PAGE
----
While I also feel that Paul Newman should've won for "The Hustler" (and one could argue that Schell's role is borderline Supporting), I still hold "Judgment at Nuremberg" in high esteem -- it's one of the few Oscar bait movies that works extremely well, marvelously acted by an amazing cast and smoothly directed by Stanley Kramer in one of his better outings.

I'm also quite fond of Schell in "Topkapi" (1964), where he gets to have fun on-screen, a rarity. And, of course, he chews up the scenery big time in "The Black Hole" (1979).

February 1, 2014 | Unregistered CommenterJoseph

As I live in Switzerland, I feel I have to point out that around here Schell is considered a Swiss actor. His father was Swiss and the family moved to Zurich when Maximilian was 8 years old.

February 1, 2014 | Unregistered Commenteranna

@Anna: Is Maria Schell considered Swiss in Switzerland, as well? Am asking as for some reason, I always think of Maximilian Schell as Swiss, but Maria Schell als Austrian. (And I'm German, if that is of interest in this context.)

February 1, 2014 | Unregistered CommenterMrW

anna - i slightly altered the text but isnt he both? he was born and died in Austria. even if he was raised in switzerland

February 1, 2014 | Registered CommenterNATHANIEL R

@MrW
I think so, but I'm not absolutely sure. I think the situation might be a bit different with her, as she didn't spend as much of her life in Switzerland.

@Nathaniel
You're absolutely right, of course. He was both Swiss and Austrian. But since he was raised in Switzerland and actually won an Oscar, the Swiss tend to "forget" about him also being Austrian. ;)
The Swiss media just loves to "claim" anyone with Swiss ancestry. I actually read an article once that referred to Renee Zellweger as a "Swiss actress".

February 1, 2014 | Unregistered Commenteranna

The "Marlene" docu is one of the best. Especially considering the circumstances she threw him into.

February 1, 2014 | Unregistered CommenterHenry

Him and Dietrich were giving that slog of a Stanley Kramer (I am meh on him in general, as his only great contribution was angering Hawks enough to make Rio Bravo) film gravitas. I liked Monty and Judy's supporting turns too but I get too much air of tragedy.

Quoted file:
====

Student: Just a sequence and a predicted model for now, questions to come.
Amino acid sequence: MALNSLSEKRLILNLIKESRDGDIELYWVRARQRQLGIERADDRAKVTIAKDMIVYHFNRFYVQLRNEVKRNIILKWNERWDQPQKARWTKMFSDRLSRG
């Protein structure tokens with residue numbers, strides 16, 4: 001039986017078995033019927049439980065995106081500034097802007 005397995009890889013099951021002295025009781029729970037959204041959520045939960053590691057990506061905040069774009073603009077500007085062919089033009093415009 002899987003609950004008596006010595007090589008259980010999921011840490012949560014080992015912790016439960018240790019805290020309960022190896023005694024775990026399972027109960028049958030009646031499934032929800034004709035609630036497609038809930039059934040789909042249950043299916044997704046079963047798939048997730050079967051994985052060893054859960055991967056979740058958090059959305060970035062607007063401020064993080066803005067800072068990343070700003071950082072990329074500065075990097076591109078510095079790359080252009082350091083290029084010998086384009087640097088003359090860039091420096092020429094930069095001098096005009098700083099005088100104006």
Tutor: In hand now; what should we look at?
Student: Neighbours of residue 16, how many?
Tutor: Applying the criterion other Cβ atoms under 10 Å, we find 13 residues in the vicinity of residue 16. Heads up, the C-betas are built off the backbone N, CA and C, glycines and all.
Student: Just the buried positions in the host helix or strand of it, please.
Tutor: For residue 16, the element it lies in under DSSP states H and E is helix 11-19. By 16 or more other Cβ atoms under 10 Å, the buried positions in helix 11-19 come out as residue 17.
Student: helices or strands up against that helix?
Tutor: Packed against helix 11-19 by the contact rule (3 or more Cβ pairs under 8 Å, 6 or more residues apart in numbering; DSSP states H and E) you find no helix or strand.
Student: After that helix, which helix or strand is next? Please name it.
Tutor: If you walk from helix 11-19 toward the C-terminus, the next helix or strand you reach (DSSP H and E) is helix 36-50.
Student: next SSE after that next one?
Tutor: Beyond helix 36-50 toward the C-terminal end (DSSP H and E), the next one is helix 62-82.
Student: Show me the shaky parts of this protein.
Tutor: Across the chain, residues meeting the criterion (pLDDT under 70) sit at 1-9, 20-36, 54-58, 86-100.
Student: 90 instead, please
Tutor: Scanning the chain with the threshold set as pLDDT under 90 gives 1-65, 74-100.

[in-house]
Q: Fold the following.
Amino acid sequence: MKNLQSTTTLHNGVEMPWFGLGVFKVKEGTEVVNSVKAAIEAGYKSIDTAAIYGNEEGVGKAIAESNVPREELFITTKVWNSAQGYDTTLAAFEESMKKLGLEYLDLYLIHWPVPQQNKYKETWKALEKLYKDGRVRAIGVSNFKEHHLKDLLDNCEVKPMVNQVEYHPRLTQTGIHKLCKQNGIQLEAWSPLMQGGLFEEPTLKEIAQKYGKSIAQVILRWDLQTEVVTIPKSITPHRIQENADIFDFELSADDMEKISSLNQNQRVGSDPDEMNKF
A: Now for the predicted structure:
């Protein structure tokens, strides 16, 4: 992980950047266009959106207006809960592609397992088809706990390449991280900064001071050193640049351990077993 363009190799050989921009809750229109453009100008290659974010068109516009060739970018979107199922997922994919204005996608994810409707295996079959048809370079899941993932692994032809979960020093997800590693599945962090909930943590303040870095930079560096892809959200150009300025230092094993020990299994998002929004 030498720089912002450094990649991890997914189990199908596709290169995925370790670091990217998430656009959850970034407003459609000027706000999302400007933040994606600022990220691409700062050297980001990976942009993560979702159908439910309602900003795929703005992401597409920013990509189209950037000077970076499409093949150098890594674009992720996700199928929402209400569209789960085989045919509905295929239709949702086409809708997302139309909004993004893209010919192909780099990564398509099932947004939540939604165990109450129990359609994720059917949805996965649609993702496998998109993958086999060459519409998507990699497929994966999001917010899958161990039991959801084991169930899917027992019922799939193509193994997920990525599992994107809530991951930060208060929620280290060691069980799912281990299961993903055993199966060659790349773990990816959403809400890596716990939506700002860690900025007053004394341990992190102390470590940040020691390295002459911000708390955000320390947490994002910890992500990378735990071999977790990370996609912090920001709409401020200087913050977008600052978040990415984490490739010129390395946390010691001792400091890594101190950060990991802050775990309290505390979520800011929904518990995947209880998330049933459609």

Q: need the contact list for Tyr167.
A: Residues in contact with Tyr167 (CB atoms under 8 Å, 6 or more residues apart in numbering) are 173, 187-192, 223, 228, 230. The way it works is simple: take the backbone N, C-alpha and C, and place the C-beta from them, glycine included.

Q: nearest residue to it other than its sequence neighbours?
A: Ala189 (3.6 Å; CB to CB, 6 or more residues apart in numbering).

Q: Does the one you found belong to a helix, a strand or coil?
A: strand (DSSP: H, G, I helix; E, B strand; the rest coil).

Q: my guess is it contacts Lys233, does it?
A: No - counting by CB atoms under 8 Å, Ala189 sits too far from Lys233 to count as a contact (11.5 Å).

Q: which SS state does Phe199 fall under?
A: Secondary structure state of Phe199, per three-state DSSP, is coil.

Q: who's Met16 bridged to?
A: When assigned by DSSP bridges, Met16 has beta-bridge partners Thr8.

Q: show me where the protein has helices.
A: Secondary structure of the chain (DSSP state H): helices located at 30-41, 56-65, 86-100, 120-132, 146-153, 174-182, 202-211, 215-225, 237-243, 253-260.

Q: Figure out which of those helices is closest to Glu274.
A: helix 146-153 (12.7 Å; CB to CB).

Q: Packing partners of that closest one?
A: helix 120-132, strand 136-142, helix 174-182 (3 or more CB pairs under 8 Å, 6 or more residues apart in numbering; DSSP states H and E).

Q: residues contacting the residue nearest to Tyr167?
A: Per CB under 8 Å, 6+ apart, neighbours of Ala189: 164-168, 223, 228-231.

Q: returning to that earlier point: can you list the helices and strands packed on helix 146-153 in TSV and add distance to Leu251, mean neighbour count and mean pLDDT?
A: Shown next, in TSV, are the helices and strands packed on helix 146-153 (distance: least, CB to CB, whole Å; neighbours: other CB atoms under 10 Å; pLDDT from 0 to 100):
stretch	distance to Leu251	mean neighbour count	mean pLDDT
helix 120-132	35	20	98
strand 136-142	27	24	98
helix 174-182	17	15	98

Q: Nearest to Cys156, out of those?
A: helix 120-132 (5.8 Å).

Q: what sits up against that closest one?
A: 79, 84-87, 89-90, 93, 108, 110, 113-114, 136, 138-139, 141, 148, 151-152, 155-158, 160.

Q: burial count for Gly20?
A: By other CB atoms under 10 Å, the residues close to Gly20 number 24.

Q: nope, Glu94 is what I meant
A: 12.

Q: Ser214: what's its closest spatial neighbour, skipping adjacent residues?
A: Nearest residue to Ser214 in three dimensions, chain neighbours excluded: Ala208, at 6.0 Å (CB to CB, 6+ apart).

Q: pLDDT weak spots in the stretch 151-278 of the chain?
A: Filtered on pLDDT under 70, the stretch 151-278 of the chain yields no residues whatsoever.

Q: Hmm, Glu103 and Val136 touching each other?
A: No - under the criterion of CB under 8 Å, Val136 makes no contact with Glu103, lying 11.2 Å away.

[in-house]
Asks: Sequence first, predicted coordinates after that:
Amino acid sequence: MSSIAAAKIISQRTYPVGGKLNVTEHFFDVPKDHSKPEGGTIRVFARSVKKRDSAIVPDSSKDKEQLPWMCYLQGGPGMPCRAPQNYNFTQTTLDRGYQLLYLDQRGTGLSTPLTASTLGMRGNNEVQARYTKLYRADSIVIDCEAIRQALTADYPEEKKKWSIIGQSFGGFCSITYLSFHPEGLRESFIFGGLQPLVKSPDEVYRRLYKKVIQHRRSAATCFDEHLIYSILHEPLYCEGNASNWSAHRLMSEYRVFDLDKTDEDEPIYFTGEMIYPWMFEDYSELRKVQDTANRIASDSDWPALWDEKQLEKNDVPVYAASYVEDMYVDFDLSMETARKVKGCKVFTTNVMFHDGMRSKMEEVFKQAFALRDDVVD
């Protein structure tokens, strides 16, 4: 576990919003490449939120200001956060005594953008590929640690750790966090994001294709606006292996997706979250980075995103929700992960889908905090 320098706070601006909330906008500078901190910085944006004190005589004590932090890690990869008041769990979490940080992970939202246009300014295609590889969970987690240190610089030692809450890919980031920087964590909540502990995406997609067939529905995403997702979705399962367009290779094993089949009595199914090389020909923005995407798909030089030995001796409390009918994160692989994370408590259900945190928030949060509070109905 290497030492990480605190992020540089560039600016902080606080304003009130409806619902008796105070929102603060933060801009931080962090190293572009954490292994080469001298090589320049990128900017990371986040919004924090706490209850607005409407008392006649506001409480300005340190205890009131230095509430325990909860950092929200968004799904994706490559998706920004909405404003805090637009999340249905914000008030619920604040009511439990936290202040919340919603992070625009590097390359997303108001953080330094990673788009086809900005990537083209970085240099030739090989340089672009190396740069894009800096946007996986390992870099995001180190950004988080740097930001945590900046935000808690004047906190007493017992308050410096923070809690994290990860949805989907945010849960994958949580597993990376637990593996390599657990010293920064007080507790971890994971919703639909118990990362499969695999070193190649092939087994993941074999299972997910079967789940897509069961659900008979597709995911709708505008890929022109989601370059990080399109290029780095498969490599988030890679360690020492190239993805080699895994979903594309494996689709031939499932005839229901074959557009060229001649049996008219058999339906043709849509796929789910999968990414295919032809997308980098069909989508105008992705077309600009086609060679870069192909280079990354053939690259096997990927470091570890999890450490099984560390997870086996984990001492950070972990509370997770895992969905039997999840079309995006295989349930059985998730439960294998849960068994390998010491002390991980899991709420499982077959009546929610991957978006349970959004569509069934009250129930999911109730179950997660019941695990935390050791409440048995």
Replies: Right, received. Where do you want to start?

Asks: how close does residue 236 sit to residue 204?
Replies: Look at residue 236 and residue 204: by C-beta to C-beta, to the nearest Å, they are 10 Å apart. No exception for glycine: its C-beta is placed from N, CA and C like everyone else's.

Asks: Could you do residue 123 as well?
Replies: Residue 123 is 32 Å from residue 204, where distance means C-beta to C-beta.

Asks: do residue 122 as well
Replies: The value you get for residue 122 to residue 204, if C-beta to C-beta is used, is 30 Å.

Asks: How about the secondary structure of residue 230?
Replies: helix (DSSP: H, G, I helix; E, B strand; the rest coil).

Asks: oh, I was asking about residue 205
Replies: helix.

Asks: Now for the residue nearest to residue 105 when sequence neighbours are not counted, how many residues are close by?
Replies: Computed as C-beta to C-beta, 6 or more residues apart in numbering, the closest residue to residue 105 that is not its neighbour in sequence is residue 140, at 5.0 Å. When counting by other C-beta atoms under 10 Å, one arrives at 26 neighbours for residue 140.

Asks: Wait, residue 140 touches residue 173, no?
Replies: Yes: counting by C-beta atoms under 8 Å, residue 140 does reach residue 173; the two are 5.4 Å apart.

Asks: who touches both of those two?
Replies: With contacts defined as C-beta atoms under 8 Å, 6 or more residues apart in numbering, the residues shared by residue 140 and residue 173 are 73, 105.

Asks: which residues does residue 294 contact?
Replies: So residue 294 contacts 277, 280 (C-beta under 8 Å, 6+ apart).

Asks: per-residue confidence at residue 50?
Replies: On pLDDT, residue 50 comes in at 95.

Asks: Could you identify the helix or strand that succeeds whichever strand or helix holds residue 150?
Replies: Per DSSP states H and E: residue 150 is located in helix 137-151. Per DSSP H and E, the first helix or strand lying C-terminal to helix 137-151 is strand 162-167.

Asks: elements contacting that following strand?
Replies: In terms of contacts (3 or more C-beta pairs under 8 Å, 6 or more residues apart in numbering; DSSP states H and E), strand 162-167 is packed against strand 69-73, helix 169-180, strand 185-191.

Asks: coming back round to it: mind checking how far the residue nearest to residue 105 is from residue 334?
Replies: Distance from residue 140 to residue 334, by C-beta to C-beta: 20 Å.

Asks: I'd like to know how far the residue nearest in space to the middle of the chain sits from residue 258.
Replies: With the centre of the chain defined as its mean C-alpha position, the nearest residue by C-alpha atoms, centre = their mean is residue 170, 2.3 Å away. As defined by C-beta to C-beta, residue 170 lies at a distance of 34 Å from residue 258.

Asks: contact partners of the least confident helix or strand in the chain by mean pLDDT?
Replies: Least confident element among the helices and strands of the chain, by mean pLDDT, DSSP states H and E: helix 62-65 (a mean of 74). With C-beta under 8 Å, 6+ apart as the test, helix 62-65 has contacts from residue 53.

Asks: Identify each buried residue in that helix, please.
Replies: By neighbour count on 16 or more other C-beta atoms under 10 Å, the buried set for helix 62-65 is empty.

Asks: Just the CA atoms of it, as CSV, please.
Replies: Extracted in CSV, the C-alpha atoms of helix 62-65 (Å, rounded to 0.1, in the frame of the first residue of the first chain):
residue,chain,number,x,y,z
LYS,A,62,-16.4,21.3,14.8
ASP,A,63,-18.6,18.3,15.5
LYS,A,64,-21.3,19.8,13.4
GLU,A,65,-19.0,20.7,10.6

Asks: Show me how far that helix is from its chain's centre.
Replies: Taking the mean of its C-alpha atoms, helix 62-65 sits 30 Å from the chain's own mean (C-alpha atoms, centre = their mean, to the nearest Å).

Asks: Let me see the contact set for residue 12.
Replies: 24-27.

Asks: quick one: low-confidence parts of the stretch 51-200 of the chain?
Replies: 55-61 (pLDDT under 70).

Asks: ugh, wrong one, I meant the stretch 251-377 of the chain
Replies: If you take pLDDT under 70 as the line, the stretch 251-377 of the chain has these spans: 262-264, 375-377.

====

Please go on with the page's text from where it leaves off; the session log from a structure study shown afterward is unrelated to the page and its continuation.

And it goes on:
Marlene's awesome. It's some fun but contentious back and forths he and Dietrich get into.

RIP to Mr. Schell

February 1, 2014 | Unregistered CommenterCMG

Something I was expecting in the tribute (coming from this blog) was the mention of what a hunk he was. First thought while watching "Judgment at Nuremberg": Mmmh, what a gorgeous man. Second thought: Well, he can act like a storm.

February 1, 2014 | Unregistered CommenterLuis

Luis, I agree, but his beauty is self-evident, isn't it? A beautiful man and a good actor.

CMG, my migraines flared up while I tried to read your sentences. I used to teach English as a second language and would be glad to offer pointers.

Nathaniel, in terms of "most honored" Austrian, I'm afraid that Waltz's second Oscar trumps Schell's multiple nominations. Not that I think Waltz is better than Schell. But I see you revised the sentence to include the Swiss, so never mind! ;)

February 1, 2014 | Unregistered CommenterBrendan

Brendan- Um, thanks. If you are asking as to why it was disjointed due to using the iPad as a device which I normally don't use as my device to comment. Sorry that I gave you migraines.

Would you like to read my senior thesis on the dialectics of The Battle of Algiers? You seem to think I am a hopeless person in terms of the English language.

February 1, 2014 | Unregistered CommenterCMG

Brendan -- i don't actually subscribe to the notion that wins mean more than multiple nominations. I'd say that Schell's 5 separate honors in 4 different categories over a 24 year period is much more impressive than Waltz's 2 nominations/2 wins in a 4 year period.

February 1, 2014 | Registered CommenterNATHANIEL R

"If you are asking as to why it was disjointed **it was** due to using the iPad as a device which I normally don't use as my device to comment."

I mean, perish the thought my response to the poor ESL instructor who has migraines due to my grammar also get a grammatical incorrect sentence.

February 1, 2014 | Unregistered CommenterCMG

*grammatically

I've been rendered slack-jawed

February 1, 2014 | Unregistered CommenterCMG

He was utterly gorgeous and talented. I wish he had had more leading roles in his prime.

February 2, 2014 | Unregistered Commenterbrookesboy

Is there any movie which really used his obvious handsomeness? I would have expected more of a Peter O'Toole kind of use of that beautiful face.

And am I correct in remembering that he turned down the leading role in The Sound Of Music?

February 3, 2014 | Unregistered CommenterDave in Alamitos Beach